How Jesus Sees Culture
How Jesus Sees Culture
This is a really important question for a church that is asking the Lord to help us reflect His love for the nations within our own local group of Christians! How does Jesus see culture?
We only have to look into the Gospel accounts to see how Jesus related to people of other cultural groups, people who were not born Jewish like His own people. Emulating Jesus’ approach to other peoples and cultures means we need to:
Respect people for their faith in God, not their cultural or language background. We see Jesus in Matthew 8 talking about a Roman military commander who had faith that Jesus could heal his sick servant with a word, “Truly, I tell you, with no one in Israel have I found such faith.”
Believe that Jesus’ good news is for all people. In a town called Sychar, Jesus’ disciples returned from buying food to find Him talking with a Samaritan woman. This “taboo” conversation we read about in John 4 resulted in many Samaritans, whom the Jews despised, believing in Jesus!
Proclaim freedom from sin and oppression to all people. In Matthew 8 Jesus traveled to a foreign territory known as the country of the Gadarenes. There He cast many demons out of two men who had been in bondage to their power, a great example to us to cross cultural, traditional, and language barriers in sharing Jesus with people. On another occasion, recorded in Mark 8, Jesus cast the demon out of a Syro-Phoenecian woman’s daughter, another foreigner.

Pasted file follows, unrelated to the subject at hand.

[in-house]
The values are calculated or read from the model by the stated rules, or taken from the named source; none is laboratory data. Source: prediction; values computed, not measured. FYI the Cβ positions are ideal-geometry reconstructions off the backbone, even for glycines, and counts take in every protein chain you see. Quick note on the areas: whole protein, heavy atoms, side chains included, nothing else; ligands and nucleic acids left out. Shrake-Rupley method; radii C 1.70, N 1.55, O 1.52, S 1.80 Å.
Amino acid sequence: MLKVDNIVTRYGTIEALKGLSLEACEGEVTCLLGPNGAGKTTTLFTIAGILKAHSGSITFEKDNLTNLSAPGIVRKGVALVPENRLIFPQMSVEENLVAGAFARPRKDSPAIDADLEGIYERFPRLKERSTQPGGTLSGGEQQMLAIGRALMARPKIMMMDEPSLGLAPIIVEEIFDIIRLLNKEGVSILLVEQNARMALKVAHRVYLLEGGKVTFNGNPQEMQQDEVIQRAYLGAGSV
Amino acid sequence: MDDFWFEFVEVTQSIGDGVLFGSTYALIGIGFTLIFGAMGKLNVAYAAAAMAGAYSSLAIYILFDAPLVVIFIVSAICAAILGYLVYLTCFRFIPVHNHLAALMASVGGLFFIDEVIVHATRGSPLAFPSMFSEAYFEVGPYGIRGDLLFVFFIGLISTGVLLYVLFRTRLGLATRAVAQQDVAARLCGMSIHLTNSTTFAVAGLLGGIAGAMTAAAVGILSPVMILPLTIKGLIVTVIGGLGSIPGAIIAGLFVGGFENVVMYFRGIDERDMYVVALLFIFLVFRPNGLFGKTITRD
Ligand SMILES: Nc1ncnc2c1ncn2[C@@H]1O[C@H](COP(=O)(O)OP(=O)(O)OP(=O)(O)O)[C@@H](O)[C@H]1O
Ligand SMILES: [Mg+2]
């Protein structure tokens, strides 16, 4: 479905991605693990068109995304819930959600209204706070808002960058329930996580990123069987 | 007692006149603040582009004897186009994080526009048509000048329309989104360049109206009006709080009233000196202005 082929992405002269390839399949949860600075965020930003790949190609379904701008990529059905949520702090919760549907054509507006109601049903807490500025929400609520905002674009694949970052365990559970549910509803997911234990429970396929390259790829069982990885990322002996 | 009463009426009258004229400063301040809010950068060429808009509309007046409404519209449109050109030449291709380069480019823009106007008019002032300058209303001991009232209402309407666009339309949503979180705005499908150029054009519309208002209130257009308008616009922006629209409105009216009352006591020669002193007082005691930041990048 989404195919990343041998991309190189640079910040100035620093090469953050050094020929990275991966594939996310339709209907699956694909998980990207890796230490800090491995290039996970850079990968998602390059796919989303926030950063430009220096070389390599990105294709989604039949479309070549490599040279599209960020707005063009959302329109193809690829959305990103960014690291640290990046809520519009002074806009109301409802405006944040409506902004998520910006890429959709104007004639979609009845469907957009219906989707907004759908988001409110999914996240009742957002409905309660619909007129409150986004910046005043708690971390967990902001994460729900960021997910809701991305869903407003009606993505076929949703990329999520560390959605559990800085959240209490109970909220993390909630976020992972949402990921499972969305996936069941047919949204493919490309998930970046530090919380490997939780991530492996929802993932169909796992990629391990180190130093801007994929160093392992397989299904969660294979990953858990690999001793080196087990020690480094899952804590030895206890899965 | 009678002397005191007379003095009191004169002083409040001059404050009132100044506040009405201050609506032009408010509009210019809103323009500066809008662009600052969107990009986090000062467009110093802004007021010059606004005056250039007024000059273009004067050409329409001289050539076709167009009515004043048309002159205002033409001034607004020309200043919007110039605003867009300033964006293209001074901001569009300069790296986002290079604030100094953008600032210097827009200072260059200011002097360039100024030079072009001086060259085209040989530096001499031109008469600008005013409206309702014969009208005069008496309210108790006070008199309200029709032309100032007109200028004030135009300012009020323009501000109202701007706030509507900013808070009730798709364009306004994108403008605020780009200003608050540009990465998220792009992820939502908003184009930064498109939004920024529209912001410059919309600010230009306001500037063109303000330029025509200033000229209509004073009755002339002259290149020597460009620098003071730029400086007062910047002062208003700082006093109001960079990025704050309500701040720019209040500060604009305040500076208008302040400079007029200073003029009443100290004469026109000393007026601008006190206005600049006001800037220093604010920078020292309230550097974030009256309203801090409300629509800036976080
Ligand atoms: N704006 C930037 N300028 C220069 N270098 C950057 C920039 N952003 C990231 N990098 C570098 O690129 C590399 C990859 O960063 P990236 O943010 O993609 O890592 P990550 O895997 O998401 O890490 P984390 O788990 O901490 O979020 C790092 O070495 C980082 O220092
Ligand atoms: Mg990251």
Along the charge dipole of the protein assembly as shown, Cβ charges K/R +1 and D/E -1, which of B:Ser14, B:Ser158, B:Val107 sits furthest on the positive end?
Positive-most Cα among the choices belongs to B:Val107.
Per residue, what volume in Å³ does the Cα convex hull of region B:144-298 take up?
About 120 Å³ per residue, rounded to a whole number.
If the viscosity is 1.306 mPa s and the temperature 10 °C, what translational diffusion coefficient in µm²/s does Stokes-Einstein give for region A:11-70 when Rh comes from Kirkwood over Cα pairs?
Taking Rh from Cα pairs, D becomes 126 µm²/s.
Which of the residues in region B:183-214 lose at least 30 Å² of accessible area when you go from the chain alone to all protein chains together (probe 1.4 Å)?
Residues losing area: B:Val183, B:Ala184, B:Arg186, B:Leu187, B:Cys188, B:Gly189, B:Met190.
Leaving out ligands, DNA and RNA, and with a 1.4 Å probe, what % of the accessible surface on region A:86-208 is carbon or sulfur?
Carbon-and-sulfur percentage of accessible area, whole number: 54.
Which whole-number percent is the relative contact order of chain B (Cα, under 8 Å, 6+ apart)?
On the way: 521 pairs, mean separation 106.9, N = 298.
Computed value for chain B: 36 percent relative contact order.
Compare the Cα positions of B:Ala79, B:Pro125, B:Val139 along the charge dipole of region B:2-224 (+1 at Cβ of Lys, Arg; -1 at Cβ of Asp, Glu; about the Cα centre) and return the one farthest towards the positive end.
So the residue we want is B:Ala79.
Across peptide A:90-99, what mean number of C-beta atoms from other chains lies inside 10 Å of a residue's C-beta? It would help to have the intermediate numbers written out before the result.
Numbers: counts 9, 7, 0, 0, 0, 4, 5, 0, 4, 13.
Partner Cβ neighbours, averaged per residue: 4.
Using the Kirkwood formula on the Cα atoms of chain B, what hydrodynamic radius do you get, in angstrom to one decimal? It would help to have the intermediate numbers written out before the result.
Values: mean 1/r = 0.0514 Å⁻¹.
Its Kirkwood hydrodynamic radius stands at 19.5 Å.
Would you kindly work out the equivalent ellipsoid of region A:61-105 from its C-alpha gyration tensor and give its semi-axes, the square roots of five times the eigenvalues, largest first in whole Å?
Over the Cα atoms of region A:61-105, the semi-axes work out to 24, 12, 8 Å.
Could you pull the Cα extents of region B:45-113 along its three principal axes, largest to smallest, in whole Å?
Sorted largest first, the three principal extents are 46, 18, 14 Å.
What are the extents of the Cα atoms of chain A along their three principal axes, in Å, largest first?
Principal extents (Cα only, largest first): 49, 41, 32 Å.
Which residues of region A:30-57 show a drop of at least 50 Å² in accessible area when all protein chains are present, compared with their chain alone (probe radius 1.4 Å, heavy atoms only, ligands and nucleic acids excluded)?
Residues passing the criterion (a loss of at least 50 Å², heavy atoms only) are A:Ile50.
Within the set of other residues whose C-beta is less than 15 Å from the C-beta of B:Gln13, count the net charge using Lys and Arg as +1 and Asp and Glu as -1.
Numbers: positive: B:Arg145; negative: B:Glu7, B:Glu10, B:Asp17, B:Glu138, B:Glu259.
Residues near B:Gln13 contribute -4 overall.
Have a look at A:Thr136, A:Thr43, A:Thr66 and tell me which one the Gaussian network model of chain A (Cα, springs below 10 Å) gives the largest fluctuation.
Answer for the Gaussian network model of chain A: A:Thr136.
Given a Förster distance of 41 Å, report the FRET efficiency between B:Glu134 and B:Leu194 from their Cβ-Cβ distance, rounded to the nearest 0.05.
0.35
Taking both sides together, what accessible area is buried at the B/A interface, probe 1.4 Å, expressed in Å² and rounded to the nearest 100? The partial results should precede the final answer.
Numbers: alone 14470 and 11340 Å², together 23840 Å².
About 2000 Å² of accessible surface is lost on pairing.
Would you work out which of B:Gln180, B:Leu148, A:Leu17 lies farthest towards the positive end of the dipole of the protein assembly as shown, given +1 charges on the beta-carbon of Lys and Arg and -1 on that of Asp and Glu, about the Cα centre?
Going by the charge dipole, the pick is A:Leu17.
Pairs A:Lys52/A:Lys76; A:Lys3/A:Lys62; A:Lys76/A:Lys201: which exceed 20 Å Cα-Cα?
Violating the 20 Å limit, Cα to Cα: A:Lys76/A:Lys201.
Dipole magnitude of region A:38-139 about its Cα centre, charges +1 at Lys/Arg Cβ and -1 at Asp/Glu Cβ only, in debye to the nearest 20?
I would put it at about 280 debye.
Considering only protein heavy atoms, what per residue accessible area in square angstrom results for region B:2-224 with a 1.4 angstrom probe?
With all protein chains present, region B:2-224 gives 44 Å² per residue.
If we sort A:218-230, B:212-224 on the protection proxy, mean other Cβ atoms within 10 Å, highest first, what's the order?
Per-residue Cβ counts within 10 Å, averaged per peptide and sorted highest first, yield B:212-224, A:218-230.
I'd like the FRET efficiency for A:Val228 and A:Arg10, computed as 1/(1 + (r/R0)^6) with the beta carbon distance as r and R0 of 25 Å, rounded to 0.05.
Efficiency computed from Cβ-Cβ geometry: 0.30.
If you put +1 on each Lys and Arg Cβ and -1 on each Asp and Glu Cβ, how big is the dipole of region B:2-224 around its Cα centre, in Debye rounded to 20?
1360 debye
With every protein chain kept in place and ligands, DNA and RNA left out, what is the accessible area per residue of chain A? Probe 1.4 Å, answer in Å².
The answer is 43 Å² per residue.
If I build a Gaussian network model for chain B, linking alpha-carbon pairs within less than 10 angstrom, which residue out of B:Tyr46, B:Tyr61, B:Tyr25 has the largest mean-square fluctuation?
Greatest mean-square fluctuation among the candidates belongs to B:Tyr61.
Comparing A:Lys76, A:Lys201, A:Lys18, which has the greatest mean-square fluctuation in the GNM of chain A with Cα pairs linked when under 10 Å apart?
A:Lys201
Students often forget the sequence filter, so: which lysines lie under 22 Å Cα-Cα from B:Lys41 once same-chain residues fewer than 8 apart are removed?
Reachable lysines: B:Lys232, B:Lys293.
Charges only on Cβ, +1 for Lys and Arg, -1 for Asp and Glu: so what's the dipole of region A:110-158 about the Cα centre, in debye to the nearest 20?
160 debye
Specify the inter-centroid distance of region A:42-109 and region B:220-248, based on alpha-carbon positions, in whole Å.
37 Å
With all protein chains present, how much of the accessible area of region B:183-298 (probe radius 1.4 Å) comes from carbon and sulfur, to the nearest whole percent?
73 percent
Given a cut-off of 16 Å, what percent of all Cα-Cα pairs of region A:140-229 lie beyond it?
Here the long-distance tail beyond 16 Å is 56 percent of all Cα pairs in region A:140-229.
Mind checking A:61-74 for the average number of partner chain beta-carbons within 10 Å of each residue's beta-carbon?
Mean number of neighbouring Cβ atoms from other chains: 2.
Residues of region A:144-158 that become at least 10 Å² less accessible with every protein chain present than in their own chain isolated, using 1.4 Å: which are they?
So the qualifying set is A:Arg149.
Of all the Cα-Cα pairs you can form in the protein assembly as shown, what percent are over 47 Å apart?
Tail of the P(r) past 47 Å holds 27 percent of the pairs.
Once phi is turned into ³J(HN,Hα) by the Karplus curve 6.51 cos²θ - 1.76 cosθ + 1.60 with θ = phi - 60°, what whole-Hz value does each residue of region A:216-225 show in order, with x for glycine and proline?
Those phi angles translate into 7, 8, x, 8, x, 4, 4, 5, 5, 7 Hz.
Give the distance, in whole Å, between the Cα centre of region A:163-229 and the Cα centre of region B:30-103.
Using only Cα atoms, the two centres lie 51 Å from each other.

Treat people of different cultural and language groups equally. One of ten men Jesus healed in Luke 17 who were suffering from the dreaded disease of leprosy was a foreigner, a Samaritan. Jesus praised this foreigner for his gratitude to Jesus for healing him along with the other nine, who were Jews like Jesus but showed no gratitude. In Jesus’ Parable of the Good Samaritan in Luke 10, He lifts up a foreigner as an example for His Jewish listeners to follow!
Live among the people of the world without compromising the standards God has for us. Jesus prayed for His followers in His High Priestly prayer in John 17, “I do not ask that you take them out of the world, but that you keep them from the evil one. They are not of the world, just as I am not of the world.” Jesus does not intend for us to withdraw from the culture around us with the result that we lose our voice for Him in the world. At the same time, He does acknowledge the danger of the evil one, described in Ephesians 2 as “the prince of the power of the air.”